Christmas Classic Movies Revisited

Christmas isn't just a day, it's a frame of mind.

That's a line from "Miracle on 34th Street," one of the great Christmas movies that can help get us in a holiday mood. For many of us, the holiday wouldn't be the same without them.

On The Early Show Tuesday, Entertainment Weekly senior writer Dalton Ross added to the holiday spirit with a look at some of the best Hollywood has offered; he counts these among his personal favorites:


Frank Capra's magical tale of a man who's allowed to see what his family, friends and community would have been like if he'd never been born. A flop when it came out, repeated television airings built its following over the years and it became one of the most beloved holiday films. With Jimmy Stewart, Donna Reed, and Lionel Barrymore as a despicable villain, it's a little dark, but always moving, even when you've seen it dozens of times.

George Bailey has spent his entire life giving of himself to the people of Bedford Falls. He has always longed to travel, but never had the opportunity, because he wanted to prevent rich skinflint Mr. Potter from taking over the entire town. All that prevents him from doing so is George's modest building and loan company, which was founded by his generous father. But on Christmas Eve, George's Uncle Billy loses the business' $8,000 while intending to deposit it in the bank. Potter finds the misplaced money and hides it from Billy. When the bank examiner discovers the shortage later that night, George realizes that he will be held responsible and sent to jail and the company will collapse, finally enabling Potter to take over the town. Thinking his wife, their young children, and others he loves will be better off with him dead, he contemplates suicide. But the prayers of his loved ones result in a gentle angel named Clarence coming to earth to help George, with the promise of earning his wings. He shows George what things would have been like if he had never been born. In a nightmarish vision in which the Potter-controlled town is plunged into in sex and sin, those George loves are dead, ruined, or miserable. He realizes that he has touched many people in a positive way and that his life has truly been a wonderful one.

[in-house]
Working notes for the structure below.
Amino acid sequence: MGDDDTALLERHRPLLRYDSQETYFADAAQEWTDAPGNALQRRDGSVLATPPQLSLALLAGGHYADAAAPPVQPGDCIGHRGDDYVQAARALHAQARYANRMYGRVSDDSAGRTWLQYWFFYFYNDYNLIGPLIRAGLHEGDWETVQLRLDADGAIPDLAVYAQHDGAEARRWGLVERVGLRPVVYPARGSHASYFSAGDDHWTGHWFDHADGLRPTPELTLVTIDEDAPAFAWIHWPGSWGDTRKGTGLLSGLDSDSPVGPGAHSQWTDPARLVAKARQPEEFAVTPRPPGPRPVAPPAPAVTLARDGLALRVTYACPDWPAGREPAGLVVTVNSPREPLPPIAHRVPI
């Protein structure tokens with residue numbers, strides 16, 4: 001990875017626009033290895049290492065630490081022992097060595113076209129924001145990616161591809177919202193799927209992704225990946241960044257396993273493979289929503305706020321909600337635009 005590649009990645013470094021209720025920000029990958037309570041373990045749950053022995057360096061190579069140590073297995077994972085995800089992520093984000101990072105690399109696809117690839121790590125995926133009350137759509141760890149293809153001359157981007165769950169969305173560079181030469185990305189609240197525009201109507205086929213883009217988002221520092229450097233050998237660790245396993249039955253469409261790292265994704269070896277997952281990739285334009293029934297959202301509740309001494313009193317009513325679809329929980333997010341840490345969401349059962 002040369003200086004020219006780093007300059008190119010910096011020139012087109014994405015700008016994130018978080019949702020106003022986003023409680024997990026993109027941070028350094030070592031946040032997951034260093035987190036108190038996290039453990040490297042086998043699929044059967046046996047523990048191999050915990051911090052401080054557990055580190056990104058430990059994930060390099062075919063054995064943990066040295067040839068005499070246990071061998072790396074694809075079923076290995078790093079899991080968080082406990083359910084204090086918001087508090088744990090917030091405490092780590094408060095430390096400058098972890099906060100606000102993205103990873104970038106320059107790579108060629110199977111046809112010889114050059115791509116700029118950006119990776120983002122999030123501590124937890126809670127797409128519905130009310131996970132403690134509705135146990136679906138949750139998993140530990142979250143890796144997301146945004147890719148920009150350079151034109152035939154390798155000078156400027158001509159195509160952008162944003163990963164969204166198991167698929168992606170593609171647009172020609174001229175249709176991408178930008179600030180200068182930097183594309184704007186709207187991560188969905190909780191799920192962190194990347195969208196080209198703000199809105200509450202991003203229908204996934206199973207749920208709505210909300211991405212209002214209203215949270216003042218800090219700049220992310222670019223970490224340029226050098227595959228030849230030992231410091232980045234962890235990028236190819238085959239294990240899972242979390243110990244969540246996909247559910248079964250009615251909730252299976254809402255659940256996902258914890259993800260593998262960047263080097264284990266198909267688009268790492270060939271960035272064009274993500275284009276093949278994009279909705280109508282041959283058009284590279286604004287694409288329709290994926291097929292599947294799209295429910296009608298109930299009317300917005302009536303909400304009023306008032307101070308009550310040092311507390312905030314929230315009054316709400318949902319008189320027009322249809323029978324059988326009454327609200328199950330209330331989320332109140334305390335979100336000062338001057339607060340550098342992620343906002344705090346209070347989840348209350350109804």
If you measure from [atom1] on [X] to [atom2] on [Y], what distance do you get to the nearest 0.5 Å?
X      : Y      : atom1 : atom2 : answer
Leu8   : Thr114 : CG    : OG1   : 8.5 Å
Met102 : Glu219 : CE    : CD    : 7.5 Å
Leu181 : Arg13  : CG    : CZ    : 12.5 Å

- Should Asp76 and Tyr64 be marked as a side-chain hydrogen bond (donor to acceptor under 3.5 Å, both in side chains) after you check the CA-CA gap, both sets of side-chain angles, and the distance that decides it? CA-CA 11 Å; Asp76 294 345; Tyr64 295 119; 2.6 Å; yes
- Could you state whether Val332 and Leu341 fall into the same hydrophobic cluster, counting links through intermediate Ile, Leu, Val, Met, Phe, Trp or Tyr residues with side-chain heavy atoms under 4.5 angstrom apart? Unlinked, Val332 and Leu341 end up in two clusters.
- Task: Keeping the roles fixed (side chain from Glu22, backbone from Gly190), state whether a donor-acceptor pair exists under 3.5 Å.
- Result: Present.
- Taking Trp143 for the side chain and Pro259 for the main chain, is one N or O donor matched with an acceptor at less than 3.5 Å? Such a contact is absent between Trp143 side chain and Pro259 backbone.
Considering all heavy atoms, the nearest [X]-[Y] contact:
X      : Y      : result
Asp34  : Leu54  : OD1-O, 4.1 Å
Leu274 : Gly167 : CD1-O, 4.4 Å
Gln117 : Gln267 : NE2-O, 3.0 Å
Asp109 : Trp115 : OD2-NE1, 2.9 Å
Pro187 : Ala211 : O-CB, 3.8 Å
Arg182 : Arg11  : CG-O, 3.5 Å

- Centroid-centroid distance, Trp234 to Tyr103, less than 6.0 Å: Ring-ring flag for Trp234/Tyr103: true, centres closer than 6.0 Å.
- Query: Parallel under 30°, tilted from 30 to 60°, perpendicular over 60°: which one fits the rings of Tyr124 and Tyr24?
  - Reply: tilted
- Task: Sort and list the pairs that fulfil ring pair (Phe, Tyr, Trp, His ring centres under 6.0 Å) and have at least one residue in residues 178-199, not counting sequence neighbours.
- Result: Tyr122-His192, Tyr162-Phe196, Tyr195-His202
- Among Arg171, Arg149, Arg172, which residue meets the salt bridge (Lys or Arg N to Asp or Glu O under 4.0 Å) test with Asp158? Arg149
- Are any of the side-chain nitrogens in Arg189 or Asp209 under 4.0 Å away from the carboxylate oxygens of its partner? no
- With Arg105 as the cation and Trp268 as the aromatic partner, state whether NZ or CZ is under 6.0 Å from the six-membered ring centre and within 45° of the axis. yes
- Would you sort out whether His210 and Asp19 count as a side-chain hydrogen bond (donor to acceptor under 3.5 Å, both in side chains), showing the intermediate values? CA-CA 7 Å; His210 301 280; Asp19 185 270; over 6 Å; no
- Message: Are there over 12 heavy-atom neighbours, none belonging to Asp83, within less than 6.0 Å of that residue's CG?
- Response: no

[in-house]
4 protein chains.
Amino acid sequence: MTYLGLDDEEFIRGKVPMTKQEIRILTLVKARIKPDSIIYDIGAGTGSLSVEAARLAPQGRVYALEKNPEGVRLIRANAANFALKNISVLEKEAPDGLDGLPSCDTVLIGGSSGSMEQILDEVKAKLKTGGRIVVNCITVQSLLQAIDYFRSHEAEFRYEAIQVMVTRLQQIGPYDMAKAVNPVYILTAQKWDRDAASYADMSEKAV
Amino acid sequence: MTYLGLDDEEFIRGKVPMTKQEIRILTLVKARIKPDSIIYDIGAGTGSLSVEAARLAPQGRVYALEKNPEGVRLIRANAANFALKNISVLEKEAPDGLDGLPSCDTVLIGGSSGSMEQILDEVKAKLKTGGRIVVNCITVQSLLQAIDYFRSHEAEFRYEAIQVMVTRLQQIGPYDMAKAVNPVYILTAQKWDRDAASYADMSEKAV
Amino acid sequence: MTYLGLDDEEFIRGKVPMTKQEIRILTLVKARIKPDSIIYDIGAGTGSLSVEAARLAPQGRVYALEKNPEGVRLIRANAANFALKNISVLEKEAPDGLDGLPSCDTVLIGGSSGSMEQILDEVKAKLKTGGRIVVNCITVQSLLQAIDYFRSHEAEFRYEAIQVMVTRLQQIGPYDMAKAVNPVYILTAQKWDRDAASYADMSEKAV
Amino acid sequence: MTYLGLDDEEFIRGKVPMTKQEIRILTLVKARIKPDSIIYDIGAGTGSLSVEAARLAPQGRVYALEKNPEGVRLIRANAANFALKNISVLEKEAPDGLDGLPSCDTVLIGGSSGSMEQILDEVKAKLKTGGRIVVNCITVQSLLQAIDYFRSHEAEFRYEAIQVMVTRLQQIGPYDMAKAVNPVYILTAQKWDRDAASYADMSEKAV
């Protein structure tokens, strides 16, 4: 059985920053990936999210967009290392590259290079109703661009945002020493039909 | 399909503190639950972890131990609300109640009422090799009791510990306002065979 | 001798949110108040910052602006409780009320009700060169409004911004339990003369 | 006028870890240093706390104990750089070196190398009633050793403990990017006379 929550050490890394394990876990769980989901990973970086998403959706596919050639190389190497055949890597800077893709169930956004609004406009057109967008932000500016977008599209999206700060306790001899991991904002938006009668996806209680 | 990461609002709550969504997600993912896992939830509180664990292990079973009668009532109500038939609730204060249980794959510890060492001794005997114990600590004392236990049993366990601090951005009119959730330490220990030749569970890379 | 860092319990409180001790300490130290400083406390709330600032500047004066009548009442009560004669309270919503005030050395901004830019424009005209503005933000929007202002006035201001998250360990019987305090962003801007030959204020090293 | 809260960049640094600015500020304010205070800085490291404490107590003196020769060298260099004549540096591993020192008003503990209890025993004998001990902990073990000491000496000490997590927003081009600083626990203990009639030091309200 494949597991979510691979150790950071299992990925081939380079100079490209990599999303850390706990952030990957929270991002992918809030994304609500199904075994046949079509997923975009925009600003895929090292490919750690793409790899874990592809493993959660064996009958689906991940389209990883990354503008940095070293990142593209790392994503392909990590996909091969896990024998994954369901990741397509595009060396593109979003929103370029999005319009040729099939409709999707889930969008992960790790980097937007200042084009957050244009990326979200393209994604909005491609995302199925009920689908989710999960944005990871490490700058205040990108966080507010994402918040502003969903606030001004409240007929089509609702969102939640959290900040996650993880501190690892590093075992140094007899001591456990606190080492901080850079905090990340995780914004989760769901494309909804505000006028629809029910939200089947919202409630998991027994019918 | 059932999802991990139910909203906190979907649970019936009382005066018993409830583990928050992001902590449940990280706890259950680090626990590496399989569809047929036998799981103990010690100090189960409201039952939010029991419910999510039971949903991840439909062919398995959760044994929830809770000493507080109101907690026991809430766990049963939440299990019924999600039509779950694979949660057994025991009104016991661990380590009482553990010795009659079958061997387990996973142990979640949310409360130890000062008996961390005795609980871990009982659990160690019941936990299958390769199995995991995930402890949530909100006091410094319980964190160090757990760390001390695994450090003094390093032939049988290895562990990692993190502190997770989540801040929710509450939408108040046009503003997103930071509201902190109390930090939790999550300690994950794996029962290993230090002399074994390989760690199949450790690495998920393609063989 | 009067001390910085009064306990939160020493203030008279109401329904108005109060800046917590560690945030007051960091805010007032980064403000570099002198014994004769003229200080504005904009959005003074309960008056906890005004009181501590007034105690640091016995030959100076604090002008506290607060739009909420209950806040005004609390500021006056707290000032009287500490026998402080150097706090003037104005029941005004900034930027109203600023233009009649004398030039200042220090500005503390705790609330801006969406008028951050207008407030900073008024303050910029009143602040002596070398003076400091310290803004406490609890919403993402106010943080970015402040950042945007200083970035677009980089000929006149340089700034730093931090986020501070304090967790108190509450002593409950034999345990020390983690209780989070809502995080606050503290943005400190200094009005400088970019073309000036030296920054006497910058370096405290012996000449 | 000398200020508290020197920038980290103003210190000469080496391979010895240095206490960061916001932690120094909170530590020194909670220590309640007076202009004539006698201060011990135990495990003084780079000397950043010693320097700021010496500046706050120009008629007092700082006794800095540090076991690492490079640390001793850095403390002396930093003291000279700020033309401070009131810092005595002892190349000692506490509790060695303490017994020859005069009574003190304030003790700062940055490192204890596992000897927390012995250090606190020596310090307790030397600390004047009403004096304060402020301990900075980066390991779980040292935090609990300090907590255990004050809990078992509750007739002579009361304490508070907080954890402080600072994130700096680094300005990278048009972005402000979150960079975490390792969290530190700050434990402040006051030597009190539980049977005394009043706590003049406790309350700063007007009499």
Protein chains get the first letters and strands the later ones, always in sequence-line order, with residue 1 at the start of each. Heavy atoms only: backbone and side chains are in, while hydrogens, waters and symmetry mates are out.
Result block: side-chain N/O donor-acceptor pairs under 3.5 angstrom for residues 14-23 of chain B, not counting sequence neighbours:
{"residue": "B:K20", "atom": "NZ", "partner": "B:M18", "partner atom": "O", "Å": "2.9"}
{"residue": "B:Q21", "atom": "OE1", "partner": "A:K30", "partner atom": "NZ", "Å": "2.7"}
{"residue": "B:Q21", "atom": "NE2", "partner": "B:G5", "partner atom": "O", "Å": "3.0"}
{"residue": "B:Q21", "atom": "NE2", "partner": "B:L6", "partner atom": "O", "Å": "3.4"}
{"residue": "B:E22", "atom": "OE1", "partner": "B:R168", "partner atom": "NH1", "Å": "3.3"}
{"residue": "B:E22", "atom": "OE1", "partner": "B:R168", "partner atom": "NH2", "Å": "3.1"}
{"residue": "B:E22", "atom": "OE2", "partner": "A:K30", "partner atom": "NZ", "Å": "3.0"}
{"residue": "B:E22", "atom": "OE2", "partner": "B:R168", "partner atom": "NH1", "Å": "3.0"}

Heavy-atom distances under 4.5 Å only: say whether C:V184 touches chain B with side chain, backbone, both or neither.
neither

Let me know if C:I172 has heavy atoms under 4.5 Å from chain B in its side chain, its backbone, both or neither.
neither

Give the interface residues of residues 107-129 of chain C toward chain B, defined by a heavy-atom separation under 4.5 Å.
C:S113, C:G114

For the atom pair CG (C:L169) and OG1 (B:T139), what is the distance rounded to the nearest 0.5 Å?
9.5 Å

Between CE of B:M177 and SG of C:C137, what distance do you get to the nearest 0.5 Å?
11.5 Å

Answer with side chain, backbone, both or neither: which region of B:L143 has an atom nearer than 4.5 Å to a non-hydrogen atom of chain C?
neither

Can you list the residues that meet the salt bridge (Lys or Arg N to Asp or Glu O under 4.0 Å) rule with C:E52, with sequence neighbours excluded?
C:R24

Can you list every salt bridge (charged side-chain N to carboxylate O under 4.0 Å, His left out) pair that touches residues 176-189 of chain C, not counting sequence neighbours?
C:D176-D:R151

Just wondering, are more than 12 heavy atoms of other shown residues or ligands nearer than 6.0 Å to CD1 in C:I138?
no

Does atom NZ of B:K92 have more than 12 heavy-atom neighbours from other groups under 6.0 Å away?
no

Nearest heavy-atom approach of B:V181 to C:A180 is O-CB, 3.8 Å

Ross says this one is indeed a classic. You can't make it through without crying. It's a mad dash through Bedford Falls. Jimmy Stewart does a great job selling himself as the wide-eyed youngster and the jaded old man. It's very traditional, but also dark. He really questions the choices he made in his life.

Side note: It's said that Jim Henson named Muppets Bert and Ernie after the policeman and taxi driver in this film.


The charming tale of a department store Santa who believes he really is Kris Kringle -- and he just may be. Jolly Edmund Gwenn helps thaw the practical hearts of a young Natalie Wood and her single mom, Maureen O'Hara, in a tale that kicks off with the Macy's parade, just like the actual holiday season. And the courtroom battle to establish Kris' sanity and the real identity of Santa Claus is a treat.

At the Macy's Department Store Thanksgiving Day parade, the actor playing Santa is discovered to be drunk by a whiskered old man. Doris Walker, the no-nonsense special events director, persuades the old man to take his place. The old man proves to be a sensation and is quickly recruited to be the store Santa at the main Macy's outlet. While he is successful, Ms. Walker learns that he calls himself Kris Kringle and he claims to be the actual Santa Claus. Despite reassurances by Kringle's doctor that he is harmless, Doris still has misgivings, especially when she has cynically trained herself, and especially her daughter, Susan, to reject all notions of belief and fantasy. And yet people, especially Susan, begin to notice there is something special about Kris and his determination to advance the true spirit of Christmas amid the rampant commercialism around him, and succeeding in improbable ways. When a raucous conflict with the store's cruelly incompetent psychologist erupts, Kris finds himself held at Bellevue where, in despair, he deliberates fails a mental examination to ensure his commitment. All seems lost until Doris' friend, attorney Fred Gaily, reassure Kris of his worth and agrees to represent him in the fight to secure his release. To achieve that, Fred arranges a formal hearing in which he argues that Kris is sane because he is in fact Santa Claus. What ensues is a bizarre hearing in which people's beliefs are reexamined and put to the test, but even so, it's going to take a miracle for Kris to win.